The Resilience of Children

The Resilience of Children

Dear Patty,

I feel so grateful that you published my last posting on your webpage. That is so awesome. I do hope that it has helped someone.

This is a continuation of my bike trip. There is more to come. This is an especially long post 1764 words. But, it is what it is, and I hope this will help many. I would love to inspire people to realize their dreams and to live a wonderful life. Life can be so much more than what we hope or plan for.

Love,

Penny

 

The Resilience of Children

 

By 

Penny Fleckenstein

 

Continuation of my series on biking the Great Allegheny Passage

Mark’s whole mood changed from anticipating the adventure to desperation. He announced that a major part of the tripplet had fell off the bike somewhere on the road between Pittsburgh and Buena Vista during transport. Our vehicle support had all left us–Beth’s Dad and Tim who had picked up Mark and Zachary and me. We were assembling the tripplet bike and making sure all was set on both tandems–we’d have to replace my back brake. I felt thankful that we were in a shelter just in case it rained. I also felt thankful because I had brought Zachary’s IPad Mini to help keep the children from getting too frustrated because I knew there would be inevitable delays. I thought of how often my sister and I had waited as children through many flight delays and cancellations. How both are unavoidable parts of life and when traveling.

Throughout the trip, Beth and I had to explain to our children that patience is necessary. It’s better to have patience and be safe than to be impatient and unsafe. It seems to have been a reoccurring theme in our adventure. Exercising our patience muscle is hard even as adults. how can we not expect it to be hard for our children?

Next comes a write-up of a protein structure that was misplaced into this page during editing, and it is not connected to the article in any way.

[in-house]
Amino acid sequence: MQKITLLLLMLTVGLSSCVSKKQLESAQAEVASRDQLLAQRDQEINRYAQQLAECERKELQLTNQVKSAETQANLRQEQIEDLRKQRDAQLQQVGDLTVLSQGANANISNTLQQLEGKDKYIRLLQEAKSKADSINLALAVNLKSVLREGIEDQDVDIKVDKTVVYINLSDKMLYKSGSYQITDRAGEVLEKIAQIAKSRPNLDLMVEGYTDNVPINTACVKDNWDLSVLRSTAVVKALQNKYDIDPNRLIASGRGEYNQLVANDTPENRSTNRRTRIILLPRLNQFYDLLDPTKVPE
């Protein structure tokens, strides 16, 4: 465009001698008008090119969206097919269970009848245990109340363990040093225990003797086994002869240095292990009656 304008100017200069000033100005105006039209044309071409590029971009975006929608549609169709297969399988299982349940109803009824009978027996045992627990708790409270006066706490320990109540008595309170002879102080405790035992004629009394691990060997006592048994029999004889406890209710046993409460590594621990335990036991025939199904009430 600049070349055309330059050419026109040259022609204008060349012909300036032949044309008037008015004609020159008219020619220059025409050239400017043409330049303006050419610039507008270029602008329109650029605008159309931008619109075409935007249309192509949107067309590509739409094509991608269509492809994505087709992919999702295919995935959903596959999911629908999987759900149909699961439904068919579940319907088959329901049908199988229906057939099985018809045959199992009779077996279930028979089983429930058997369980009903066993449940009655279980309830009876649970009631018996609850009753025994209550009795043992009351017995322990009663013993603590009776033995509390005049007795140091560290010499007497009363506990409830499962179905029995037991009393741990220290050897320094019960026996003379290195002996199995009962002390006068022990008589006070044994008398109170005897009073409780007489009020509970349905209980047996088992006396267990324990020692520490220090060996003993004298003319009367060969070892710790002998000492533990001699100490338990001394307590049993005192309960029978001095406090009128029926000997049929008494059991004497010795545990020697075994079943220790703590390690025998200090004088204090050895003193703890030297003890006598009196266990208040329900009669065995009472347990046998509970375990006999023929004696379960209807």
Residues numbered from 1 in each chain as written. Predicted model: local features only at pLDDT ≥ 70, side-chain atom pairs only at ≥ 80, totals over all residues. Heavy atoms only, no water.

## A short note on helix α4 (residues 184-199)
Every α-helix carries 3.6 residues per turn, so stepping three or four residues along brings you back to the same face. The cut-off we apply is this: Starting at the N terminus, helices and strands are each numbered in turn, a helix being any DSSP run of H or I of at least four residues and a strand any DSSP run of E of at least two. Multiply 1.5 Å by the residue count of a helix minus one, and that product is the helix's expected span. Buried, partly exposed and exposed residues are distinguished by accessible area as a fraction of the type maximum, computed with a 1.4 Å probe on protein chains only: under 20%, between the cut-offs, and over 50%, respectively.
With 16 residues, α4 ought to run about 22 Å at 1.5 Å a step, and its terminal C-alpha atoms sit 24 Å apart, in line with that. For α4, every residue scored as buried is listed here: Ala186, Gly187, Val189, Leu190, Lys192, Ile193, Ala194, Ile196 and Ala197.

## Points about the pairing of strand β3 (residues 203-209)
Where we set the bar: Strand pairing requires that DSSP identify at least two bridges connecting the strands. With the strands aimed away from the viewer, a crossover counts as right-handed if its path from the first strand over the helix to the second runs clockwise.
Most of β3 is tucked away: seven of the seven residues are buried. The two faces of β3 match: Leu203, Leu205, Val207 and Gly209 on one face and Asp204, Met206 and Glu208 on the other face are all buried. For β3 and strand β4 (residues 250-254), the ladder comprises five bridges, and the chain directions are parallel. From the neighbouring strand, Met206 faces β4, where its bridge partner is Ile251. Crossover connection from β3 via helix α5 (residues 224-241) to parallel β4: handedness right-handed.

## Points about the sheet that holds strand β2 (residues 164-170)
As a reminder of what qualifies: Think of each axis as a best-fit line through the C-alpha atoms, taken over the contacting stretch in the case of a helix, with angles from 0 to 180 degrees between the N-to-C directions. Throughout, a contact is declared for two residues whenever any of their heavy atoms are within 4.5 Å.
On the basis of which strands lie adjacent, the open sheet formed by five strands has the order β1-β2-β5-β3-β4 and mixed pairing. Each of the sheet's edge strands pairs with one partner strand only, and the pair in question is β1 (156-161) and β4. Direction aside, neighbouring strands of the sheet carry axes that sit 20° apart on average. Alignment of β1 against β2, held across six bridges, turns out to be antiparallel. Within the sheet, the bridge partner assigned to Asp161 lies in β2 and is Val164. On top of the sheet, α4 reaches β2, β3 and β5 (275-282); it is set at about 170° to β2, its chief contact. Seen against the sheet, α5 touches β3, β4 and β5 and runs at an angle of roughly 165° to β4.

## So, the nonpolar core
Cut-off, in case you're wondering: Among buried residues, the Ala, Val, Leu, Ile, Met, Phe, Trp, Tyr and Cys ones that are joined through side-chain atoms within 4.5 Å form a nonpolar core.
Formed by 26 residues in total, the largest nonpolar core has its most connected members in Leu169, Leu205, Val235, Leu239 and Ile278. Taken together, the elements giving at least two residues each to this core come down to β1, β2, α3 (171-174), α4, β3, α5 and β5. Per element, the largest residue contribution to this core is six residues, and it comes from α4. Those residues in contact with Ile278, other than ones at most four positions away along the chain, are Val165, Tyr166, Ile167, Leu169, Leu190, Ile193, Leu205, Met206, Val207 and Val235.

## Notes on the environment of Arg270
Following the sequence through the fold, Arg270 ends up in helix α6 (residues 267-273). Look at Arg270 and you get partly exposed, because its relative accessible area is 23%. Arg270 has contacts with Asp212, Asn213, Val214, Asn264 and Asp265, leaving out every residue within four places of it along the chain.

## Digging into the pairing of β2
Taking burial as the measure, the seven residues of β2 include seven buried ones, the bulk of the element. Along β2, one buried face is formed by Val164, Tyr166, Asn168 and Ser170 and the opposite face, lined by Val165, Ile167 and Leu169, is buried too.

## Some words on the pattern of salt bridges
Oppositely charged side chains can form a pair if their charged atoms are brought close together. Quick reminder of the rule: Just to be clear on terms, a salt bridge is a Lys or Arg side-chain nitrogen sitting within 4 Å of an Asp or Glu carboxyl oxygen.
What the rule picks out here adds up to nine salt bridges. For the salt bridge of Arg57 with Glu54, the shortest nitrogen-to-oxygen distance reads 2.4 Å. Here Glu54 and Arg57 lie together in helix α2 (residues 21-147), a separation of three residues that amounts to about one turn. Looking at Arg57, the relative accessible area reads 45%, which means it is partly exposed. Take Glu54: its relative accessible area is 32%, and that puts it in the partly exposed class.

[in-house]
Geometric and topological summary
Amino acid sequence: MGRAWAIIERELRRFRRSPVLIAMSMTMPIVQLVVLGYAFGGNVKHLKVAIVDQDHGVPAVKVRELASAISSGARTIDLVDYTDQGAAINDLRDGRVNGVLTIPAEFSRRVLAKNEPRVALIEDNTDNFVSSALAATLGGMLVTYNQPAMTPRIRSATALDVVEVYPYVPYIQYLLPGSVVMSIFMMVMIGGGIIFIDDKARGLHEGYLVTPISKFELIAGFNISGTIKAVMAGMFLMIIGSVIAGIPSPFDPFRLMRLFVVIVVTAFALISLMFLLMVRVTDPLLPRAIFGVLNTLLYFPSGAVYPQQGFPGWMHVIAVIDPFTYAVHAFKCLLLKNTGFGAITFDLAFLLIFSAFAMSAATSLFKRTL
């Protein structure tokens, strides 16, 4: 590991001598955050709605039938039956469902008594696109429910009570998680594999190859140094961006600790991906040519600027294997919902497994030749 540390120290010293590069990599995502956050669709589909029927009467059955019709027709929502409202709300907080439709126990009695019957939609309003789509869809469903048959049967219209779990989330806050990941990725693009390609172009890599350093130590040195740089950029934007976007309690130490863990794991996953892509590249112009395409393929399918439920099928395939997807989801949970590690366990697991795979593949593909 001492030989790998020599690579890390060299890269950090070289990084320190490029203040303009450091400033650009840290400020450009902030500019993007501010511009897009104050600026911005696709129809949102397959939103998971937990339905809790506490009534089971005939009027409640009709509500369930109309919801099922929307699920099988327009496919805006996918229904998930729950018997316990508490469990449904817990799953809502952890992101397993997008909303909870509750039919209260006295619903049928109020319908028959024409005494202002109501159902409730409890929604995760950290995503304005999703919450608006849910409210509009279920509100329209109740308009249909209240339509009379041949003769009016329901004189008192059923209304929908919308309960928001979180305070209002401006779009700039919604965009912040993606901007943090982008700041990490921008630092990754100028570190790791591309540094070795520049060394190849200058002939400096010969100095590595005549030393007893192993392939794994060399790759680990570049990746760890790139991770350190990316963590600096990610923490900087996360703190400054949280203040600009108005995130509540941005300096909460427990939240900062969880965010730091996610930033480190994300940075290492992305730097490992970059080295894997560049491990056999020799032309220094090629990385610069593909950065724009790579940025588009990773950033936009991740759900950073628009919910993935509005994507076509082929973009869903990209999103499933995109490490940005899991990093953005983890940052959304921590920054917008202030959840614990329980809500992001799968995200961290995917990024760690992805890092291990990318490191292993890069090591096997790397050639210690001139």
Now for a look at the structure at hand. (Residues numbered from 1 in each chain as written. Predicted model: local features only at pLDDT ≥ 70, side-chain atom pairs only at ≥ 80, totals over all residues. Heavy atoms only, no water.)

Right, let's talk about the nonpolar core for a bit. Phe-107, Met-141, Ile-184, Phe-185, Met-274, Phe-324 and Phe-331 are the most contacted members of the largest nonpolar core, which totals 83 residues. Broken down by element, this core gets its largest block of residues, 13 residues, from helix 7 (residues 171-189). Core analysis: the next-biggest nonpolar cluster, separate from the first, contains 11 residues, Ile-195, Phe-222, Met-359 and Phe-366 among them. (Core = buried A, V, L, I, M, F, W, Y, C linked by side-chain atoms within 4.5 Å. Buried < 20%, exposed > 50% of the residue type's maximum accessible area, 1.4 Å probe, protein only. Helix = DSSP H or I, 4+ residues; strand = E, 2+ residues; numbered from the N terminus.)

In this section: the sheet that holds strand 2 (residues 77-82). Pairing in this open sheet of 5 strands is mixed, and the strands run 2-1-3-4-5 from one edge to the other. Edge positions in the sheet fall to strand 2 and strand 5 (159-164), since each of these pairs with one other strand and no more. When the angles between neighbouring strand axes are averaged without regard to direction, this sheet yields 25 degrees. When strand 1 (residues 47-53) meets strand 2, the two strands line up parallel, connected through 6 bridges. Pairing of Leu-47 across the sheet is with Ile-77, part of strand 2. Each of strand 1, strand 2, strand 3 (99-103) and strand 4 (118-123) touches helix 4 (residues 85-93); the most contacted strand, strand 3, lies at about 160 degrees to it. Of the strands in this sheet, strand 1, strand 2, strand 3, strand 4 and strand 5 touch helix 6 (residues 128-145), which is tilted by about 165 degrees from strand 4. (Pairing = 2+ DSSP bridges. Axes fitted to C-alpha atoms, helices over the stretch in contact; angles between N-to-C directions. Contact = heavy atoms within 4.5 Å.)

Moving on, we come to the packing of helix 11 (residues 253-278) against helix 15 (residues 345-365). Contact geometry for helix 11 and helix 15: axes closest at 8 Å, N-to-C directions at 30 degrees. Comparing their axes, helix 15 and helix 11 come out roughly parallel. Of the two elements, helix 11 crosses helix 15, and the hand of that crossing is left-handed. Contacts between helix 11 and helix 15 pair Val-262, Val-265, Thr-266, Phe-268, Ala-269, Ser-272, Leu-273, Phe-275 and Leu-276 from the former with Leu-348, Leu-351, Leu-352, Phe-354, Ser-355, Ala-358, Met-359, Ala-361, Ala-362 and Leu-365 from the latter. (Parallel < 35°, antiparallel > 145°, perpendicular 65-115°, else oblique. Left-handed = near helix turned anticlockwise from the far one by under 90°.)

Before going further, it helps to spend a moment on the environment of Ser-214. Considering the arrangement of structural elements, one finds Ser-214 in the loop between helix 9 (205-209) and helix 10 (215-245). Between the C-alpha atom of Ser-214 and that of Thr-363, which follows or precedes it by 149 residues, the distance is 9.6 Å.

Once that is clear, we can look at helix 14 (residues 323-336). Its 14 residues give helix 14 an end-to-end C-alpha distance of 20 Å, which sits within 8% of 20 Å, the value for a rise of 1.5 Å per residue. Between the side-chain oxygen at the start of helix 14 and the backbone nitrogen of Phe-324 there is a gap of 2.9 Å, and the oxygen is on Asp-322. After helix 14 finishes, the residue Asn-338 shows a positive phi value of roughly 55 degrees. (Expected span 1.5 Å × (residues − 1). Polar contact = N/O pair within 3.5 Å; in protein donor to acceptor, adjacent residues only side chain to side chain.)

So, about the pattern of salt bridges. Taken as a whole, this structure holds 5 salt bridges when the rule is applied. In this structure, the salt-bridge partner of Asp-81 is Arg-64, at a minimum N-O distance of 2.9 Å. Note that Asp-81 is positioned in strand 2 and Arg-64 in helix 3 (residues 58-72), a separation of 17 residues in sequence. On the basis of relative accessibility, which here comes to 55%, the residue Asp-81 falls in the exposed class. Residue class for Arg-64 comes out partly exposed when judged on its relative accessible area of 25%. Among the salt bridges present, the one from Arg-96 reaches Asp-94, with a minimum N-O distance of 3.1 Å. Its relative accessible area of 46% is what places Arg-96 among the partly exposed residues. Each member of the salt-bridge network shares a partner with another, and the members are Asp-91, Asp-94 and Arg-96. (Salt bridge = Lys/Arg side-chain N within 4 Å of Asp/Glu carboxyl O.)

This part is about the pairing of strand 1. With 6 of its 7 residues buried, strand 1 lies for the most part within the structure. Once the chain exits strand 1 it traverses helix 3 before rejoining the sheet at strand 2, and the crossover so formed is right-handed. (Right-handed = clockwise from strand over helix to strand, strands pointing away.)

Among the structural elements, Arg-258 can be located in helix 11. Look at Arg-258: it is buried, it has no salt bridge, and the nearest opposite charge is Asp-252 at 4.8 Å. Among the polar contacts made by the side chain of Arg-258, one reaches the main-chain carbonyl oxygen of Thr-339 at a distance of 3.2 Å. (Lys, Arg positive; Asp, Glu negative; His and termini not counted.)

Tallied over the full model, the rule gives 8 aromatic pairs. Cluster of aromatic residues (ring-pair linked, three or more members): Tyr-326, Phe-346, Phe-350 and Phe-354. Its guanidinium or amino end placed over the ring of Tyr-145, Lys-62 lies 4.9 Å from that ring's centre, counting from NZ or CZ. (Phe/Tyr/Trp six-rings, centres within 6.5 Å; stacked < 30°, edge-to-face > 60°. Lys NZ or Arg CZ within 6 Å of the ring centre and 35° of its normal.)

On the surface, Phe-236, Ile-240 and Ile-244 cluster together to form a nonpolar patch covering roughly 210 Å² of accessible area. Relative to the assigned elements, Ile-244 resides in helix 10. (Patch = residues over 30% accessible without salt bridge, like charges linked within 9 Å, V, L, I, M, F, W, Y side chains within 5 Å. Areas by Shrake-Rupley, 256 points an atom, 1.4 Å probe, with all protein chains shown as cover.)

Finally, after a couple trips to the port-a-john, and a trip to the store to buy bread, we were on our way to Connellsville. We knew we had to make a stop at West Newton to buy bike parts and fix Mark’s tripplet when on the trail, another part of the bike fell and had to be replaced. Another good reason to start near a bike shop. Only three miles into our excursion, Beth and I fed our children ice cream at Mark’s insistence. We had planned to feed them lunch, and as they were enjoying their ice cream, Beth teased Mark about having stock in the Yough Twister. Zachary still laughs about going three miles and being “forced” to eat ice cream instead of lunch. He’d been looking forward to pizza since he’s never had real food at the Yough Twister.

The stop at the bike shop went well. Beth even saved us $5 because the man at the bike shop wanted to eat his lunch. Beth and I marveled at how God shows us he’s here for us by the discounts we’ve been able to receive. We ate our snacks knowing we weren’t going to have a meal until dinner at Wendy’s in Connellsville. It felt good knowing that the tripplet was in good condition to go on, and we had our back brake to put on whenever Mark felt he had the time. It was a hot day. Riding on the bike felt like a relief from the hot sun with the breeze surrounding us offering its cooling comfort. Absolutely heavenly!